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What is an agile data center organization? - About the new novel "The Phoenix Project"

Times are not easy for data center managers. The clients have strong opinions about pricing, cycle time, and quality of the services. At the same time they struggle to keep good team members, to tame their budgets, and to keep pace with technological progress. "The Phoenix Project", a new novel by Gene Kim and his colleagues, offers some solutions. (Es gibt eine deutsche Version dieses Artikels).

Many companies have their own data center, or they work closely together with a specific IT service provider. IT can be an important eye-level partner for companies. The IT guys know the systems well and as a client you can be sure where your data is. Often the IT service provider has one or more departments that develop or customize software.

But, how do we manage such a data center well, i.e. offering sufficient quality for a good price? Most clients say that frameworks like ITIL are too complex. After all, small companies must think carefully about how much overhead is acceptable.

Before jumping into details of concepts like Change Management or IT pricing, I prefer to present the Phoenix Project. This novel written by Gene Kim, Kevin Behr and George Spafford recounts the daily catastrophes in the data center of the fictive car part manufacturer, "Parts Unlimited."

Book cover (courtesy by IT Revolution Press)

In the book, Bill Palmer takes over the job as VP of IT operations. In the first half of the book, one catastrophe after another beleagers Bill and his team:
  • An important software project (Phoenix) should be finished on a certain date. But the project management team does not respect available resources. The inevitable finally happens.
  • IT specialists are needed everywhere. But, there is no one available.
  • Their big systems have become a zoo, incurring a lot of technical debt.
  • Auditors are urging the IT department to fix security issues.
  • The company is examining closely the possibility of selling the IT department to an IT service provider.
  • An important member of Bill's staff is a bottleneck who hinders progress on many issues.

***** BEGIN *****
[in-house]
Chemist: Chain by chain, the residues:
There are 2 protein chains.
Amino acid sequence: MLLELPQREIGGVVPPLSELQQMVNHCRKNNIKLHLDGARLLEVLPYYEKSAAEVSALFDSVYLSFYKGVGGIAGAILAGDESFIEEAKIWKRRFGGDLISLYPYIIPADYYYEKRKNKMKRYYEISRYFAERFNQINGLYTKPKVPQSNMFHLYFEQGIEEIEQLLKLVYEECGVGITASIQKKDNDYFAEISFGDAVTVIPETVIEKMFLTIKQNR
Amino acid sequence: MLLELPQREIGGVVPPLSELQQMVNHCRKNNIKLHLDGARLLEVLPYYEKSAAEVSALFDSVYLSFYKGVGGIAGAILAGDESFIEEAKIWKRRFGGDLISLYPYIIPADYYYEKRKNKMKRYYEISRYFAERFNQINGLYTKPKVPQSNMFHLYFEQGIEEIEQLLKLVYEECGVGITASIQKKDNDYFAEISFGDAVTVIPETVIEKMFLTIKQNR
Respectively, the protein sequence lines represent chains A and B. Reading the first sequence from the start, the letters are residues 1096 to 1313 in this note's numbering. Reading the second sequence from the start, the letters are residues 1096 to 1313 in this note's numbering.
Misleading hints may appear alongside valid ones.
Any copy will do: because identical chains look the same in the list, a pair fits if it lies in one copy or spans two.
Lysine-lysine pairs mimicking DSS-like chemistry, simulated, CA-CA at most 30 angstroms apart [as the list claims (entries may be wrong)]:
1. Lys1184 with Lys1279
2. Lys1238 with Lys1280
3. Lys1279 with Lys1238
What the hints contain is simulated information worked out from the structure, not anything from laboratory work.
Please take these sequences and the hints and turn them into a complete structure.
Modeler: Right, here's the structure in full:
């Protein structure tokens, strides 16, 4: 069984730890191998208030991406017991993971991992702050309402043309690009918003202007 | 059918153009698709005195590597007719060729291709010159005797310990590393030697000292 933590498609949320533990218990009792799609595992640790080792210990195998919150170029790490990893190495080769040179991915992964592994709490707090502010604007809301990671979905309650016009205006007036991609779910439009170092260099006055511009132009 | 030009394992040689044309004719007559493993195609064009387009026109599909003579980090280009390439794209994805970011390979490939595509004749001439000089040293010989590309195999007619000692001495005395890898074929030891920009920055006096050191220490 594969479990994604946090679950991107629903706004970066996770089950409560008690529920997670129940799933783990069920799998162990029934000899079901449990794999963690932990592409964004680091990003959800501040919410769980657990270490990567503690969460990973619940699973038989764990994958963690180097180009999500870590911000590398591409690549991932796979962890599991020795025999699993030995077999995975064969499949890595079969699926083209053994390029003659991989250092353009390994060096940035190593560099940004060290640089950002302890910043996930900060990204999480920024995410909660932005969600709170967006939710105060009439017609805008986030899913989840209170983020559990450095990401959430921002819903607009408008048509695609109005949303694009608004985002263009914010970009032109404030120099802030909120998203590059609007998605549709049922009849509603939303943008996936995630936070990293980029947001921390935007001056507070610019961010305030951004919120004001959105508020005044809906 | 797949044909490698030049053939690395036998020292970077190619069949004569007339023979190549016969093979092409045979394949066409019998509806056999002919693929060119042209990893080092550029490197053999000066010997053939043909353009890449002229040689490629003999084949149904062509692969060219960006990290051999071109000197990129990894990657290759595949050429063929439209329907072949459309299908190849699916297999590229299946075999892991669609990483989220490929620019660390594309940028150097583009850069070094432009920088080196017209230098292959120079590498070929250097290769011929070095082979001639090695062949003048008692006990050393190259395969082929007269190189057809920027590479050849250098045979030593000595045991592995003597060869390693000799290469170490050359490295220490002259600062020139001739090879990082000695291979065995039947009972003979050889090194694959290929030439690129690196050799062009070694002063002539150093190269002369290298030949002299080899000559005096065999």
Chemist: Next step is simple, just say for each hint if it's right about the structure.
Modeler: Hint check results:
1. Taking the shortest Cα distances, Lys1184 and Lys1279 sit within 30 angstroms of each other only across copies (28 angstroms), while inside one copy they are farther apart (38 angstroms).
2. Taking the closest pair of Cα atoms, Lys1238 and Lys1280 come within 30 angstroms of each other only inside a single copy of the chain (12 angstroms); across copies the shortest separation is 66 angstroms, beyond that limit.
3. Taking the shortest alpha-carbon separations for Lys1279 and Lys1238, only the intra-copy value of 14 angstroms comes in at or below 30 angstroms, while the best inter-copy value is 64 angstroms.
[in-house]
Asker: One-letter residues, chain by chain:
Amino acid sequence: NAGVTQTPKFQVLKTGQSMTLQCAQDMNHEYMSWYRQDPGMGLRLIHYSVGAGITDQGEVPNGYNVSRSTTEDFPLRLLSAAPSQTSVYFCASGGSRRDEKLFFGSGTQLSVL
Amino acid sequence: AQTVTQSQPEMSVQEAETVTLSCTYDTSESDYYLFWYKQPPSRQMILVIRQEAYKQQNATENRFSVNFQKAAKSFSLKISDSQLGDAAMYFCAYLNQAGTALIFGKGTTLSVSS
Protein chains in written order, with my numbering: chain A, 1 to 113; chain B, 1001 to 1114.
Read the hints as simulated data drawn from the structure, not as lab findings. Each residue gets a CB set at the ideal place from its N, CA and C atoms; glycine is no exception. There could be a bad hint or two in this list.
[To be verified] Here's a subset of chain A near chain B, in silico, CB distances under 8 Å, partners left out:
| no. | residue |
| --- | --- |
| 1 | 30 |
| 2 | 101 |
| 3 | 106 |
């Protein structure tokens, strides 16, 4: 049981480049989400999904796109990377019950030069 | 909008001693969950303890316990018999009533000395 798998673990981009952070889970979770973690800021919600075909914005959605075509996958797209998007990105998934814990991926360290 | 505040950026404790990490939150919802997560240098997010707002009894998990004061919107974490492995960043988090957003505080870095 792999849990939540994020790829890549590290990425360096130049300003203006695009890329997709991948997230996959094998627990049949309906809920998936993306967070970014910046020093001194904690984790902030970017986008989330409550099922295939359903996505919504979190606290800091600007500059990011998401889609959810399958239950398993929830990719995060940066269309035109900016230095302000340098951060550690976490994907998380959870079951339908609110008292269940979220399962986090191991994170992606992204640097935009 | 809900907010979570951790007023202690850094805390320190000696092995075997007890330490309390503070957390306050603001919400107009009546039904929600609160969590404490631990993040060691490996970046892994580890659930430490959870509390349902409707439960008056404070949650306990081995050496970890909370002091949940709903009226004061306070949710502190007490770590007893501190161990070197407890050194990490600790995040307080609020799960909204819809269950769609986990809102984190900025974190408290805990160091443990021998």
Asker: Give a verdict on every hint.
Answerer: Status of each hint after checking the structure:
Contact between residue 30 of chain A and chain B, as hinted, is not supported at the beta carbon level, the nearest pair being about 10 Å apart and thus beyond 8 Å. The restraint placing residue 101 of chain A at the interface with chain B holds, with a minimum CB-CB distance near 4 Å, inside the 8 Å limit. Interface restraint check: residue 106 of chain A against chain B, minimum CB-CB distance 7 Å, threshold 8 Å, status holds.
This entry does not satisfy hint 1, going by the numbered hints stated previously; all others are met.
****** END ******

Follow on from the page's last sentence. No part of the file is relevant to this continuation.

• And, of course, the different departments make trouble for each other.
  • Moreover, the CEO has no more money or resources.
From my experience, the scenes ring true as day. The authors describe the characters realistically. As a reader, I'd really like to jump down the CEO's throat and shoot: "If everything is that important, then kindly give them money, you ...."

But, this won't work anymore. The CEO has no money left. Nevertheless, the construction sites are real problems and must be fixed somehow.

Bill Palmer's usual way of working won't help any more. If the system is broken, more work won't help. A potential member of the Board plays the role of the guru. He makes Bill think about how the work is organized. The second part of the book shows how Bill and his team incrementally re-organize all important processes.

The authors are known among the IT crowd. For years they have worked relentlessly toward an agile concept for data center operations called Dev2Ops (or DevOps). The Phoenix Project exemplifies it in a lively, story form. Well done, I think. John Willis has summarized DevOps movement well (/2/).

How do Bill and his team solve all these problem. Here are some points:
  • Instead of looking at IT problems, they try to see the business problems. Some IT problems become therefore less relevant and others can be solved in a different way and without IT.
  • They try to see the whole system. It's not about how IT operations brings new software into production. It's about how development and operation can work together in order to deploy software that IT operations can manage well. This is where the name Dev2Ops comes from, from development to operations.
  • They look for bottlenecks in the processes and they optimize in front of the bottleneck. We know this already from the Theory of Constraints in production environments (/3/).
The novel was an entertaining read for me. The different parts of DevOps are not presented in details. But that's fitting for a novel (/4/). The print edition runs about 350 pages. The e-book costs about 10 USD at Amazon.com.

(The Teamworkblog is written in German and this is the first post in English language. English-speaking readers might use Google Translate for the other posts.)




  1. James Urquhart has added a good reading list at gigaom: http://gigaom.com/2013/04/21/great-devops-anti-fragility-and-complexity-resources/


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